ACH payments vs wire transfers vs EFT payments

There are some important differences between these payment methods that may help you decide which one is best for your situation.

First, the term “EFT payments” is just another way to describe ACH payments, so you can bundle those two together. 

Wire transfers, on the other hand, are significantly different. 

Wire transfers process payments in real time over the Swift Network and can get you your money in a few hours. 

ACH transfers use the Automated Clearing House Network and can take several days to process.

Of course, you pay for that convenience. Anyone who’s ever sent money using Western Union knows that the cost is high, sometimes as much as $60, depending on the amount being sent. It’s a nice option to have if someone needs funds quickly, but it’s too expensive for merchants to use as an everyday payment method. ACH transfers usually cost under $1.

For a more in-depth comparison, check out this guide: ACH transfer vs. wire transfer: The payment choice is clear and the comparison table below:

ACH transfer Wire transfer
Processing time Funds enter the destination account in 2-3 business days Funds enter the destination account in as little as 1 day
Costs and fees Median of $0.29, only applies to the sender $25 - $50, possibly applies to both sender and receiver
Transfer limits Daily transfer limits and monthly transfer limits apply (e.g. $3,500 daily and $10,000 monthly at Bank of America) Daily transfer limits apply but are typically higher (e.g. $250,000 at Fidelity)
Verification of info Accounts are verified before the funds are transferred Transfer happens immediately without verifying the destination account
Reversibility Transfers can be canceled or reversed after initiated The funds cannot be recovered after a transfer is initiated
Reach Limited to domestic banks on the ACH network Can send funds globally

Are ACH payments right for your business?

Here are some questions that’ll help you decide whether or not ACH payments are right for your business.

Does your business accept recurring payments?

Subscription services and service providers generally fall into this category. 

Customers are able to make their monthly payments with credit cards, but the processing fees for the business can be expensive. ACH transaction fees are more cost effective. The median cost is just $0.29 per transaction.

Are you currently taking paper checks? 

Any business owner or manager who does daily reconciliation can tell you that counting checks at the end of the day is time consuming and inefficient.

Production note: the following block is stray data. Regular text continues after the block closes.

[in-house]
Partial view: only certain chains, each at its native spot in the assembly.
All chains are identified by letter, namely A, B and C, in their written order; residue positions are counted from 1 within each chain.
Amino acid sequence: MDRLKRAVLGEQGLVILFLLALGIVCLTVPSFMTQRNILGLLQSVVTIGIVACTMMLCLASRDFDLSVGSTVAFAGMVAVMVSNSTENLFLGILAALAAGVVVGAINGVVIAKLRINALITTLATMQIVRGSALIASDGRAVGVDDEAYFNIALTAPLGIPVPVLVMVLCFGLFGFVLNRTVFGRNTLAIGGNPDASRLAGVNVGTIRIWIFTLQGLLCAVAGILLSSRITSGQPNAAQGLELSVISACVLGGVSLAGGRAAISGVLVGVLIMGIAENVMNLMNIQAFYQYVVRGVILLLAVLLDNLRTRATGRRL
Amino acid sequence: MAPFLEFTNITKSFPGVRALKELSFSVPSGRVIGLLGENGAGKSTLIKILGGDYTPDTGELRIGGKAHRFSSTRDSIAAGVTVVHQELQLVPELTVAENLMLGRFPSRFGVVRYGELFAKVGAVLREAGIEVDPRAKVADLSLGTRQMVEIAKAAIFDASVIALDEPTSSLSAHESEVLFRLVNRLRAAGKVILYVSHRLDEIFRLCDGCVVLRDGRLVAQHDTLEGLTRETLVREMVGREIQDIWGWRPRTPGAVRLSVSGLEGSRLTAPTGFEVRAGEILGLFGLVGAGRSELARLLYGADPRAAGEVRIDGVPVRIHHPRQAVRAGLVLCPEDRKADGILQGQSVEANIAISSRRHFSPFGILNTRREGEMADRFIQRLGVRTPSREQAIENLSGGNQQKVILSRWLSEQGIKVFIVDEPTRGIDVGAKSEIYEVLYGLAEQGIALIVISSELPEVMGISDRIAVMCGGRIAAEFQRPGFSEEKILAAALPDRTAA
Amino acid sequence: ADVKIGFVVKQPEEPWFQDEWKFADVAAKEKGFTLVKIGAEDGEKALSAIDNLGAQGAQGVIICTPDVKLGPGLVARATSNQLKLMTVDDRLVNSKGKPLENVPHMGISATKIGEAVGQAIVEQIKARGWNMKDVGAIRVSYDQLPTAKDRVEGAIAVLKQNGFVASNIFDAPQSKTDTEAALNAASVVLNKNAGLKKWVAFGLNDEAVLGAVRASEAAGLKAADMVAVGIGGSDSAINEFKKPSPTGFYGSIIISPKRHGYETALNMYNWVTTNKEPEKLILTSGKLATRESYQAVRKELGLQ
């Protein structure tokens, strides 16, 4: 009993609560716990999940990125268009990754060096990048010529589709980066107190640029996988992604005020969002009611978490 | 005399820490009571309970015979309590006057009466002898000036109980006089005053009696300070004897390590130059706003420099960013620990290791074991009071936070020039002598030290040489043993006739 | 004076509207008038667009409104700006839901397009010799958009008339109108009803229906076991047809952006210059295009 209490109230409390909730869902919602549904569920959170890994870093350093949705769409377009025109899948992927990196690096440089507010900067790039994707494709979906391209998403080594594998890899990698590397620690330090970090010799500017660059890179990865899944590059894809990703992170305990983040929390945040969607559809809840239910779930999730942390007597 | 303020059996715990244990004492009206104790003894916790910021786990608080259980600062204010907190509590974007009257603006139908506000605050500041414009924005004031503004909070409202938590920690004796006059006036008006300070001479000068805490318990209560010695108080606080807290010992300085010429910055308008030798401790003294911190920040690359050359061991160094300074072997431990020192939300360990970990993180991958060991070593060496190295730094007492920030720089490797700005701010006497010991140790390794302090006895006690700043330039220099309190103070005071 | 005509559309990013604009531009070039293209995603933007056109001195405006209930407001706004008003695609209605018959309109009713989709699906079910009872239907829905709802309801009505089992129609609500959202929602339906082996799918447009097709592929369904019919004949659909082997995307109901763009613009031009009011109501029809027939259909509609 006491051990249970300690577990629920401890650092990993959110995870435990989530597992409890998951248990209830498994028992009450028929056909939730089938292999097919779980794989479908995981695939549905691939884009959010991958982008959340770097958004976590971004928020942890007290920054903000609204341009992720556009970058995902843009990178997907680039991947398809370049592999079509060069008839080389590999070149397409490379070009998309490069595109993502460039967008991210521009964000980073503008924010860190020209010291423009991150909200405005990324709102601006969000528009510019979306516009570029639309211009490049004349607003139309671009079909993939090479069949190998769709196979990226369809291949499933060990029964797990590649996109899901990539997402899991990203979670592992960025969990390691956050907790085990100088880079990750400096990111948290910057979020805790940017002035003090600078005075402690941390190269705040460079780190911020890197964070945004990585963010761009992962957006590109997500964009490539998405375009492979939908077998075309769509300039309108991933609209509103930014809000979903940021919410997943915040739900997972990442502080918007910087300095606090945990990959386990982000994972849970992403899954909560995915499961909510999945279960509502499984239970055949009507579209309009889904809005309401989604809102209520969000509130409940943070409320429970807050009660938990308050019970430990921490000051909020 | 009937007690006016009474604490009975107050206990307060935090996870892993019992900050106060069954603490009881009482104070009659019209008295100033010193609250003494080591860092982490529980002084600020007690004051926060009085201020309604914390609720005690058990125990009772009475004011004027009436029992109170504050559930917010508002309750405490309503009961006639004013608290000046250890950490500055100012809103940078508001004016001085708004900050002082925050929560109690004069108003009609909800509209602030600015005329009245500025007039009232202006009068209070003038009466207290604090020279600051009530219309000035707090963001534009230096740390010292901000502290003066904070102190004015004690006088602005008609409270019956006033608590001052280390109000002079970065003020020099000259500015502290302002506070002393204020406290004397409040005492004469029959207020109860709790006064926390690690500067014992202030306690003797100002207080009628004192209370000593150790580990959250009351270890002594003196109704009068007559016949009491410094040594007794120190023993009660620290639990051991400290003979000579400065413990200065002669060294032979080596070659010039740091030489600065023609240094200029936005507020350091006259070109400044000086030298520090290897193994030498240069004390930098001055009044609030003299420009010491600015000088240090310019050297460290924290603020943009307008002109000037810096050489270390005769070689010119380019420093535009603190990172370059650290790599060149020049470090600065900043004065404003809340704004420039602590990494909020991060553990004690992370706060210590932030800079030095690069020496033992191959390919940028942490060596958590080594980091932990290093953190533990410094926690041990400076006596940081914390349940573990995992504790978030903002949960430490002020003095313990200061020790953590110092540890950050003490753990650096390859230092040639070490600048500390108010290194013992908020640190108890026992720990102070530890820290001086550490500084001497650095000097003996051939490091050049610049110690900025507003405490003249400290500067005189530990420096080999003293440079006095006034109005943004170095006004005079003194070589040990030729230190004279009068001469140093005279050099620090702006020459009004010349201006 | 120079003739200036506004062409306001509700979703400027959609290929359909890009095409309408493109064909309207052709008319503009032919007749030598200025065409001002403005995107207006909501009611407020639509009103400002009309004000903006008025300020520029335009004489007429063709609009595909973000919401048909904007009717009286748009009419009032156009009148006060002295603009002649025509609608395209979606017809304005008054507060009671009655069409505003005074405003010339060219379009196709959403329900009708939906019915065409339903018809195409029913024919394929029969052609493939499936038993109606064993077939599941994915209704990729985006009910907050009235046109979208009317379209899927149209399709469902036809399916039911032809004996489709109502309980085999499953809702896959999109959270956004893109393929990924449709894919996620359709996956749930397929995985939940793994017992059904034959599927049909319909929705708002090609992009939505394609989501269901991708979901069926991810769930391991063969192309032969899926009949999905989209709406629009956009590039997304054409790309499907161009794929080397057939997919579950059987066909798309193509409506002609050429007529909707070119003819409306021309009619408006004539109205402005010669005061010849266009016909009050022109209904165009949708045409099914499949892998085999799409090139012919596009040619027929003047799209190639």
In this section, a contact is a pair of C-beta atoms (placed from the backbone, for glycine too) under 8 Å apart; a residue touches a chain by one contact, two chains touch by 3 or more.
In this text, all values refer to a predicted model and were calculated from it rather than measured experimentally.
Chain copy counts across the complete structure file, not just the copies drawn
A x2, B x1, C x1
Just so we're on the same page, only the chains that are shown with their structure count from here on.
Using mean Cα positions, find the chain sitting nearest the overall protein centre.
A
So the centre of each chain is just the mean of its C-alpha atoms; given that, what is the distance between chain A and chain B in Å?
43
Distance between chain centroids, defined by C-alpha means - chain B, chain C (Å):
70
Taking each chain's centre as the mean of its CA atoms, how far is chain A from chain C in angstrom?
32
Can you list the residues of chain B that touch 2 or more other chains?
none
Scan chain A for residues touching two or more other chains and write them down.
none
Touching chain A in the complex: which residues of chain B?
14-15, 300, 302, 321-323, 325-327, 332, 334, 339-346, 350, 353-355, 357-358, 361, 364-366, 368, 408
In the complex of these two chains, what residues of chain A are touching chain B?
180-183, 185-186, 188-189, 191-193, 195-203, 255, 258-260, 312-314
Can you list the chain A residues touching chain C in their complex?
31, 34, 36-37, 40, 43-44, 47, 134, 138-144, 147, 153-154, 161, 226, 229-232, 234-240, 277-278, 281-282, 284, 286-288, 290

Handwritten checks are sometimes difficult to read and each one needs to be checked for proper date, amount, signature, and contact info. 

Paper checks are an archaic and outdated system. They need to be deposited, and can be stolen or lost in the mail. ACH transactions are faster and more efficient.

Are your customers comfortable with online transactions? 

Most people are the days, but if you have an older customer base you may face some resistance. Making the transition to ACH transactions requires commitment from the business owner. It may take some time for customers to fully embrace it.

ACH rejection codes and reasons

Though rejections and denials are a risk with any payment method (except cash), this might be considered another drawback. There are times when a request for an ACH payment or deposit may be rejected. There are several reasons that could happen. If you experience this, look for one of the following rejection codes on the transaction statement:

  • R01: Insufficient Funds: This is most often seen when a customer initiates a payment and doesn’t have enough money in their account to cover it. The customer should contact their financial institution right away if this happens to avoid NSF fees.
  • R02: Bank Account Closed: When an account has been closed and the payer doesn’t inform the payee, this rejection code will appear on the payee side. The best course of action is to call the customer and get updated account information.
  • R03: Unable to Locate Account: This code is often an error on the payee side. It’s possible you were given incorrect information, but you should check your own work before you jump to conclusions.
  • R04: Rejection: When the system kicks back a simple R04 “Reject” response, it means that the bank isn't allowing the sender to withdraw funds from that account. Usually, the bank just needs an originator code to enable ACH withdrawals.

Like checks with insufficient funds (NSF), the bank will charge a fee if your business triggers a rejection code. This may have been caused by an inadvertent error on the data entry side or due to an accounting mistake. Either way, contact your bank right away if you get a rejection code. They might be willing to waive the fee if you act promptly.

ACH payment FAQ

Is the Automated Clearing House secure?

NACHA has a set of rules and regulations that govern the ACH process and determine eligibility for businesses using the network. Among those mandates is the requirement that businesses and third-party processors encrypt banking information with “commercially reasonable” technology. Today, that means 256-bit SSL encryption. Additional security is provided by the payment processor. Together, these requirements make the ACH process very secure.

What’s the difference between an ACH payment and direct deposit?

Direct deposit is simply a type of ACH payment. In fact, direct deposit is perhaps the most common type of ACH payment, seeing how common it is for employees to receive their paycheck via direct deposit.

How long does it take for an ACH payment to go through?

ACH payments may take 3-5 business days to complete. ACH payments are not instantaneous, and are processed in batches throughout the day. Depending on a variety of factors, including the bank doing due diligence to ensure sufficient funds are available, the payment may take a few business days to go through.